Tips for Mediating Neighbor Disputes

in Neighbors on by

Settling a Neighbor Dispute

While the concept of “being neighborly” is one that most neighbors seem to grasp and achieve, tiffs can sometimes flare up when you’re living in close quarters (particularly in apartments where you have to share walls). Arguments can arise over anything: from noise levels to dogs barking to stolen parking spaces. Whatever the argument is about, it’s always best if neighbors can work things out without having to get the police or a court date involved.

Whether you’re a landlord or a neighbor yourself, you may at one point or another be called upon to mediate neighbor disputes. As a neutral third party, you may be able to find a solution to the problem without having to escalate things to the next level. This can result in a happier living situation for both you and all other residents involved.

When your neighbors just can’t seem to get along, here’s what you can do to help mitigate the situation and bring peace to your apartment complex once again.

Be Cordial and Neutral

When facilitating mediation, the most important thing is to show kindness and sympathy to both sides of the dispute. Being angry, rude, or attacking any one of the two neighbors will only put them on the defensive and will likely cause the mediation to fail.

Don’t use incendiary language, and always be calm and collected when you are addressing either neighbor.

Request Facts First, Then Feelings

Documentation

Don’t just let one neighbor spout out angry words or even discuss their feelings right at the beginning. The first part of the mediation process should focus on laying out the facts of the disagreement. Ask who did what when and for evidence of their actions. This will enable you to approach the problem analytically without being overwhelmed by emotions.

Of course, you will need to take emotions into account eventually, but do so near the end of the mediation process (or at the very least when all documentation has been gathered). Ask each neighbor how they feel and what they seek, and give them two to three minutes to express themselves. Do not allow name-calling or other abuse, as this will effectively end the mediation’s neutrality.

If possible, talk to each neighbor separately in order to get both sides of the story straight. Figure out what facts these two stories have in common and whether or not there is an opportunity to find common ground. If you try to glean information with both neighbors present at the same time, there’s a chance that the situation could get ugly pretty quickly.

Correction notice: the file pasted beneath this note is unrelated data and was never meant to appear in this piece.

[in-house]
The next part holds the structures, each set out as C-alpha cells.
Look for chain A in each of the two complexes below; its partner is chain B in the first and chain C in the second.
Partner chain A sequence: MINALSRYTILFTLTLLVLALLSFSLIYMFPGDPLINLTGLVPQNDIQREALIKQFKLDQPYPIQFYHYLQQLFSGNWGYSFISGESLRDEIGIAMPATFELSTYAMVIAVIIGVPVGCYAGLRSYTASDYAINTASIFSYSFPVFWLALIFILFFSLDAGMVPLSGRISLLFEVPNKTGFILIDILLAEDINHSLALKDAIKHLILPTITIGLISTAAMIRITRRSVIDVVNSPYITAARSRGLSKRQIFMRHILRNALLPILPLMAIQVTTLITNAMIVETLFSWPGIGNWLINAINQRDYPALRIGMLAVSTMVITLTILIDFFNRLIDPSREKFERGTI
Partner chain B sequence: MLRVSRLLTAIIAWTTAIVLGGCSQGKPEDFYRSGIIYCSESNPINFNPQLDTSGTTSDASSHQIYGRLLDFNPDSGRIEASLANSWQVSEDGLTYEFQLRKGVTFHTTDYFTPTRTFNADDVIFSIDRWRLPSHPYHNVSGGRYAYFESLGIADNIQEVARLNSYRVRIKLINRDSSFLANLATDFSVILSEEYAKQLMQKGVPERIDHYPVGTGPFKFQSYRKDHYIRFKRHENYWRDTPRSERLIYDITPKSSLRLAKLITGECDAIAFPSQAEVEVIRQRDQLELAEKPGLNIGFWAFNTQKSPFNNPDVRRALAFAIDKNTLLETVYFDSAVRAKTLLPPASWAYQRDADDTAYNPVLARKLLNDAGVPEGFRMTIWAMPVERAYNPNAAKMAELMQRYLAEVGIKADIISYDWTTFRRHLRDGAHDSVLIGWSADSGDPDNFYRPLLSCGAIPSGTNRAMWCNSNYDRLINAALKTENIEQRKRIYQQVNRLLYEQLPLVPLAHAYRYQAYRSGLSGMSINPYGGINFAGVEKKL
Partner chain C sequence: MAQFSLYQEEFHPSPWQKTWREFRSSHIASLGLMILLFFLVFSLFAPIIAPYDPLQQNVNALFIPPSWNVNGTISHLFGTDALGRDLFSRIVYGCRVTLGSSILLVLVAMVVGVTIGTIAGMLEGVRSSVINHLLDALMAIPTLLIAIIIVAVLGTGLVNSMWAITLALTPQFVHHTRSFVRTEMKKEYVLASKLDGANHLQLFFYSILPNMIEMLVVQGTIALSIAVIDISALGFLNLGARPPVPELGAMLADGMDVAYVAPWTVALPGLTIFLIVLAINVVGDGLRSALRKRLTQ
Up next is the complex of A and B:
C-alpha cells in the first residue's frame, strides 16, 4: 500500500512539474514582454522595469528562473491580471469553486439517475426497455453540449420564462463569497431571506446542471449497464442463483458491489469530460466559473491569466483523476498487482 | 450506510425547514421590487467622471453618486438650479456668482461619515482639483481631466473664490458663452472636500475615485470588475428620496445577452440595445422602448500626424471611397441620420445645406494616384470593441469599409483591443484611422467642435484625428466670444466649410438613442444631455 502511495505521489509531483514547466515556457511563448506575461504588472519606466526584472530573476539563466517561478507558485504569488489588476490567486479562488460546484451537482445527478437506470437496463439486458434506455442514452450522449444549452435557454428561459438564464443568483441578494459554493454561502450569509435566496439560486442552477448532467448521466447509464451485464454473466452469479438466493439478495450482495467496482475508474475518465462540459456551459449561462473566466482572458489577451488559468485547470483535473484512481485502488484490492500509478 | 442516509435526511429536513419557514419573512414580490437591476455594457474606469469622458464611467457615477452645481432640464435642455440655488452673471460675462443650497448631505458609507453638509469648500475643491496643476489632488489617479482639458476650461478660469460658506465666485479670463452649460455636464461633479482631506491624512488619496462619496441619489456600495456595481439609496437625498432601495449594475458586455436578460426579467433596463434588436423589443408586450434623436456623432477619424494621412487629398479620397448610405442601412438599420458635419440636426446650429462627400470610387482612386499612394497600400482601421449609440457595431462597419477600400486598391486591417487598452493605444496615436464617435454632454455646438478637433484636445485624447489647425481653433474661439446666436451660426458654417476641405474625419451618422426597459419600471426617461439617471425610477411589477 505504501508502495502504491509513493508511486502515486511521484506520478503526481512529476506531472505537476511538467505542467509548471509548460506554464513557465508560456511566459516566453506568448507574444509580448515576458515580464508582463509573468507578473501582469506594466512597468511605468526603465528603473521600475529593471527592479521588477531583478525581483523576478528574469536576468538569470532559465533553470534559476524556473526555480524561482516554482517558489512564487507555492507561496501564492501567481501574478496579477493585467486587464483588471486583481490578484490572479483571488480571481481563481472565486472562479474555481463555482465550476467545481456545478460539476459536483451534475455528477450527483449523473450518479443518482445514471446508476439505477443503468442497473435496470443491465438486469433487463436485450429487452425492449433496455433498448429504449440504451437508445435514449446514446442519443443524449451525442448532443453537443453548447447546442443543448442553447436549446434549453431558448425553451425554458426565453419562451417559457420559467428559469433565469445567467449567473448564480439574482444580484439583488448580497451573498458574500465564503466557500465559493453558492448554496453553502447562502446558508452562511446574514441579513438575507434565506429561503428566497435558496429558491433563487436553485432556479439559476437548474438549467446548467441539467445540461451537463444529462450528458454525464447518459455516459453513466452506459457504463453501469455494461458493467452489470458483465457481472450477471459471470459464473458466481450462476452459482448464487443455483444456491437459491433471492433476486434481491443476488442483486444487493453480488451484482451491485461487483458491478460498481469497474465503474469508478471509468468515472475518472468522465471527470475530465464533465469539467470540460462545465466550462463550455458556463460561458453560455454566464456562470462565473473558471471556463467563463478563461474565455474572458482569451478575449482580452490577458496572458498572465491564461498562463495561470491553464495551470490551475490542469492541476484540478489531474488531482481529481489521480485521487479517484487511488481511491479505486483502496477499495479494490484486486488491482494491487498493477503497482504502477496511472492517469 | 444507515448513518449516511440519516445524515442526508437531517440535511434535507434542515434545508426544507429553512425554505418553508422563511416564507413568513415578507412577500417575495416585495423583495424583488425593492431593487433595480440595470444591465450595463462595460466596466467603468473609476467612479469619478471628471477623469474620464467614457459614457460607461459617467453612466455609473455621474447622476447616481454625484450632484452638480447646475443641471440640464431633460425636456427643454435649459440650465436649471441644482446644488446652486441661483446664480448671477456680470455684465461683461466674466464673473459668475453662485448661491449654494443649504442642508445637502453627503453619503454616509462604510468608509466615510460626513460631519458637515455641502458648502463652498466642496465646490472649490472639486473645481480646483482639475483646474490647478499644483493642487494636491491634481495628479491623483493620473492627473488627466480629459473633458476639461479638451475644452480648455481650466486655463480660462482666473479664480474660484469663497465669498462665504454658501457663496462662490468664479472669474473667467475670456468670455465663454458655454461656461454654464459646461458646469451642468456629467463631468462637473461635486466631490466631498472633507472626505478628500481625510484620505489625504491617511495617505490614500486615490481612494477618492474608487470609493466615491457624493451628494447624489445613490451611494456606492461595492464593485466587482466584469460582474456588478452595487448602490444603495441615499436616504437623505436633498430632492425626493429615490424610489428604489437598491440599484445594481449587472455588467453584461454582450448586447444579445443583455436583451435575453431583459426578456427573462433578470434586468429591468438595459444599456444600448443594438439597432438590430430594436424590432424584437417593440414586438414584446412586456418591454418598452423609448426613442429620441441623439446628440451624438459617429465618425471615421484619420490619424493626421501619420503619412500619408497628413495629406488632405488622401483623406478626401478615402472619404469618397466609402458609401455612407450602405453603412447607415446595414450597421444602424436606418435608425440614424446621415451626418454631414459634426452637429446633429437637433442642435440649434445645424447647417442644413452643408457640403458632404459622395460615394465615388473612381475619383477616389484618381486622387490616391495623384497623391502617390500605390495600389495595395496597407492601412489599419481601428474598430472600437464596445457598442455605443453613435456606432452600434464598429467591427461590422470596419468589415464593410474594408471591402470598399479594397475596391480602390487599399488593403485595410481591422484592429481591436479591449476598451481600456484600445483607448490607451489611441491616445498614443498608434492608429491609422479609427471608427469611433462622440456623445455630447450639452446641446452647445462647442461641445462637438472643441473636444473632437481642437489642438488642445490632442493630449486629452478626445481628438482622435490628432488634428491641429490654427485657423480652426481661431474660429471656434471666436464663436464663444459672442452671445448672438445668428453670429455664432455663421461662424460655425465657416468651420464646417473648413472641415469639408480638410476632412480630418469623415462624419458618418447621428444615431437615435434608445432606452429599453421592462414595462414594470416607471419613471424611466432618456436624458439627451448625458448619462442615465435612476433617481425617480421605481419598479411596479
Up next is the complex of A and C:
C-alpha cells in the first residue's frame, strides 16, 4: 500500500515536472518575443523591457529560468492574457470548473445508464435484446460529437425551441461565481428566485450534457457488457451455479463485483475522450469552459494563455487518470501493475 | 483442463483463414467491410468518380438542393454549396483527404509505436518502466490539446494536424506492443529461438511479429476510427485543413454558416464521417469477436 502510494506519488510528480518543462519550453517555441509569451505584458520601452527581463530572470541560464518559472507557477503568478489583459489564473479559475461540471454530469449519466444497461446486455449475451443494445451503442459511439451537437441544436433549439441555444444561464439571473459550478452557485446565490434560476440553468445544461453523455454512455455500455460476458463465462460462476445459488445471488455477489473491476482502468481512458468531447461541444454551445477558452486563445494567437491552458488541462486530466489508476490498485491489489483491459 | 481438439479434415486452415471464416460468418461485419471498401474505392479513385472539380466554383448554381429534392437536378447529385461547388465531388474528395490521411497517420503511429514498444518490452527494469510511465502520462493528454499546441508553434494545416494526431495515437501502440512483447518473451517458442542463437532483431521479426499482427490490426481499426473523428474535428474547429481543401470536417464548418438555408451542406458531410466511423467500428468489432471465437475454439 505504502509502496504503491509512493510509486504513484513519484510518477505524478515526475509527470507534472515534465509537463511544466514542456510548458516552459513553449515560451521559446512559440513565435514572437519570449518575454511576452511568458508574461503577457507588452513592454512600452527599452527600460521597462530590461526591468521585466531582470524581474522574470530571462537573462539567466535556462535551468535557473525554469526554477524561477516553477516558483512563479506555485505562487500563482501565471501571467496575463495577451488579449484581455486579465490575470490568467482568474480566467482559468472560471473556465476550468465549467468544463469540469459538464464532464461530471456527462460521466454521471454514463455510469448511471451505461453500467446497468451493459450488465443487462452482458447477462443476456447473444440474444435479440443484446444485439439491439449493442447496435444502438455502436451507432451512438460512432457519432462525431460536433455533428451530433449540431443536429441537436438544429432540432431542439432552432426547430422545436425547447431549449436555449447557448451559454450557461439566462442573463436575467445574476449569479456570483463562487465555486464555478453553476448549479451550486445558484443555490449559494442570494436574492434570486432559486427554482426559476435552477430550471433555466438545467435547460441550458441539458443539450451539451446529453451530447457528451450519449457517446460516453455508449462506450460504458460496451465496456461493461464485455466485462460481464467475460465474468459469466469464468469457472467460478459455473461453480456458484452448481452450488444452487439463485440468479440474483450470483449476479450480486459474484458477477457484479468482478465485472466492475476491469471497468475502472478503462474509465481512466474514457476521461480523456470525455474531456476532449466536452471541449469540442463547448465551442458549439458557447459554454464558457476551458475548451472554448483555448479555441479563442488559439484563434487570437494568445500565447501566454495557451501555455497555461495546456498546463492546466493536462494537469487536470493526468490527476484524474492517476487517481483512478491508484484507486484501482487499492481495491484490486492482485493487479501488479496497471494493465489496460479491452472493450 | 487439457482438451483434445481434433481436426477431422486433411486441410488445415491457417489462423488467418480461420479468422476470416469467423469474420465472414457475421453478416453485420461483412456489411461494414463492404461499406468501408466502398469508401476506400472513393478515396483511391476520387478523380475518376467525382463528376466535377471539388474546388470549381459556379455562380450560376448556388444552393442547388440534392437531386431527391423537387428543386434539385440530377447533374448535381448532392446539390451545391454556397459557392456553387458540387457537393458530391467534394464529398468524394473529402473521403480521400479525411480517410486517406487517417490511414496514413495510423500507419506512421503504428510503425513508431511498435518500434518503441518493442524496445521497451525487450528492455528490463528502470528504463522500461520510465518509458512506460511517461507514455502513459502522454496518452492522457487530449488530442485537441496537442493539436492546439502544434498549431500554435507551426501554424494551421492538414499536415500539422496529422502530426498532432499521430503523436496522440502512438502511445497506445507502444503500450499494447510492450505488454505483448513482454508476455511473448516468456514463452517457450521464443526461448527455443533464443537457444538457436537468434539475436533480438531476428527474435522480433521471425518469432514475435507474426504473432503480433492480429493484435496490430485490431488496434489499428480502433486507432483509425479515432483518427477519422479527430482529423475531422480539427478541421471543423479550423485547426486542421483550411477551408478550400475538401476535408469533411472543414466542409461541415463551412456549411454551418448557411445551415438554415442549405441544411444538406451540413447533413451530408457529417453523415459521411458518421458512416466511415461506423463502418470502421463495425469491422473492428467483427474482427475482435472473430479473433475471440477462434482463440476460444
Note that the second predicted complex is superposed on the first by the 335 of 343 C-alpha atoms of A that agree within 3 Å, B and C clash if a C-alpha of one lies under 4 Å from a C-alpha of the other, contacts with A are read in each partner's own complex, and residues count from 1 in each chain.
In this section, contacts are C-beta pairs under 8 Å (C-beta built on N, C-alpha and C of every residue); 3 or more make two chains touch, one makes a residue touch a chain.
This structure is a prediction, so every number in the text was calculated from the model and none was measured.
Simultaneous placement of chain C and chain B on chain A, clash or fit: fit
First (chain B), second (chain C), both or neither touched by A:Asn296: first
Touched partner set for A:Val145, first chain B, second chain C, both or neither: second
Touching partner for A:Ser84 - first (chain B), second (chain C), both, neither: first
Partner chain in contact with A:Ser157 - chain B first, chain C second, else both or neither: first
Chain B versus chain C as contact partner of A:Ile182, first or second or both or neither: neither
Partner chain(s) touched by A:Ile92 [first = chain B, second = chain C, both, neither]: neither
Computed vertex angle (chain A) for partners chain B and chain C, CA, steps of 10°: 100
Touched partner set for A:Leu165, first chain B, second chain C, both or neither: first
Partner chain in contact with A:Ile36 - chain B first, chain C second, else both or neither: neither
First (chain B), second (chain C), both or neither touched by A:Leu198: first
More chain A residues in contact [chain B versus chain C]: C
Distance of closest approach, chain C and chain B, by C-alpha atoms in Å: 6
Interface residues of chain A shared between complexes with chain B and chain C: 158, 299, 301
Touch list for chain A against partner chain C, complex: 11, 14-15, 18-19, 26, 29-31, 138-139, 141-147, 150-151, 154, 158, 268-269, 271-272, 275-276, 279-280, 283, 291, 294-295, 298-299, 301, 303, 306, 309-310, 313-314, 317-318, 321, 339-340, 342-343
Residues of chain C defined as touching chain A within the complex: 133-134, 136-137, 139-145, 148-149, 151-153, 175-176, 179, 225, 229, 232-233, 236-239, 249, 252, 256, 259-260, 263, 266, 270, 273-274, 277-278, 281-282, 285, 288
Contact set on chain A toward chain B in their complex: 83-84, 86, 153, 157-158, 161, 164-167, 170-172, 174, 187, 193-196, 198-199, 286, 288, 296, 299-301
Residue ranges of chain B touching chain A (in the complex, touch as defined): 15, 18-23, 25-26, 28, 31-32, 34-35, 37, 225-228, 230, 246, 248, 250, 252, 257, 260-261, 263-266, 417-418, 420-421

Facilitate a Solution

Remember, as a mediator, your job is to help the fighting parties create a solution to the problem that they both accept. This means that you shouldn’t try to create or force a solution on the parties.

Listen to each party, and ask how they would like the situation to be solved.

For example, if one neighbor is upset that the other neighbor’s dog barks nonstop, they might provide a solution of investing in more soundproofing for their apartment or taking their dog to an obedience class to stop the unwanted behavior. The neighbor with the dog may not want to shell out the money for either one of those things, but maybe they would be willing to take some extra time to train the dog themselves or purchase a crate to put the dog in during the day so it doesn’t disturb anyone.

When you’re trying to reach a solution as a mediator, it’s your job to make sure that both parties are as satisfied as can be. Occasionally you might have a neighbor whose expectations are a little too high. In that situation, your best bet is to try to be understanding while also making sure the other party doesn’t give in too much.

Don’t Suggest Anything that Might be Against the Law

Whether you’re a landlord or just a fellow neighbor, whenever you are facilitating a resolution to a neighbor dispute, you want to be sure you’re not suggesting anything that could be illegal.

For example, if your neighbor is complaining because another neighbor is partaking in something illegal, then you can’t suggest that the latter simply alter their behavior or only do it when others are asleep or aren’t home. It’s your obligation to report that behavior to police.

Know When You Are In Over Your Head

Sometimes situations are just too much for mediators to handle — even if they have only the best intentions. If you just can’t seem to facilitate an agreement, or if the situation is more serious than you originally thought, don’t be afraid to get apartment management, your landlord, or the police involved (if it escalates to that point).

While you may feel disappointed for not being able to solve the situation internally, sometimes it’s just best to get professionals involved who are skilled at easing tensions between feuding neighbors.

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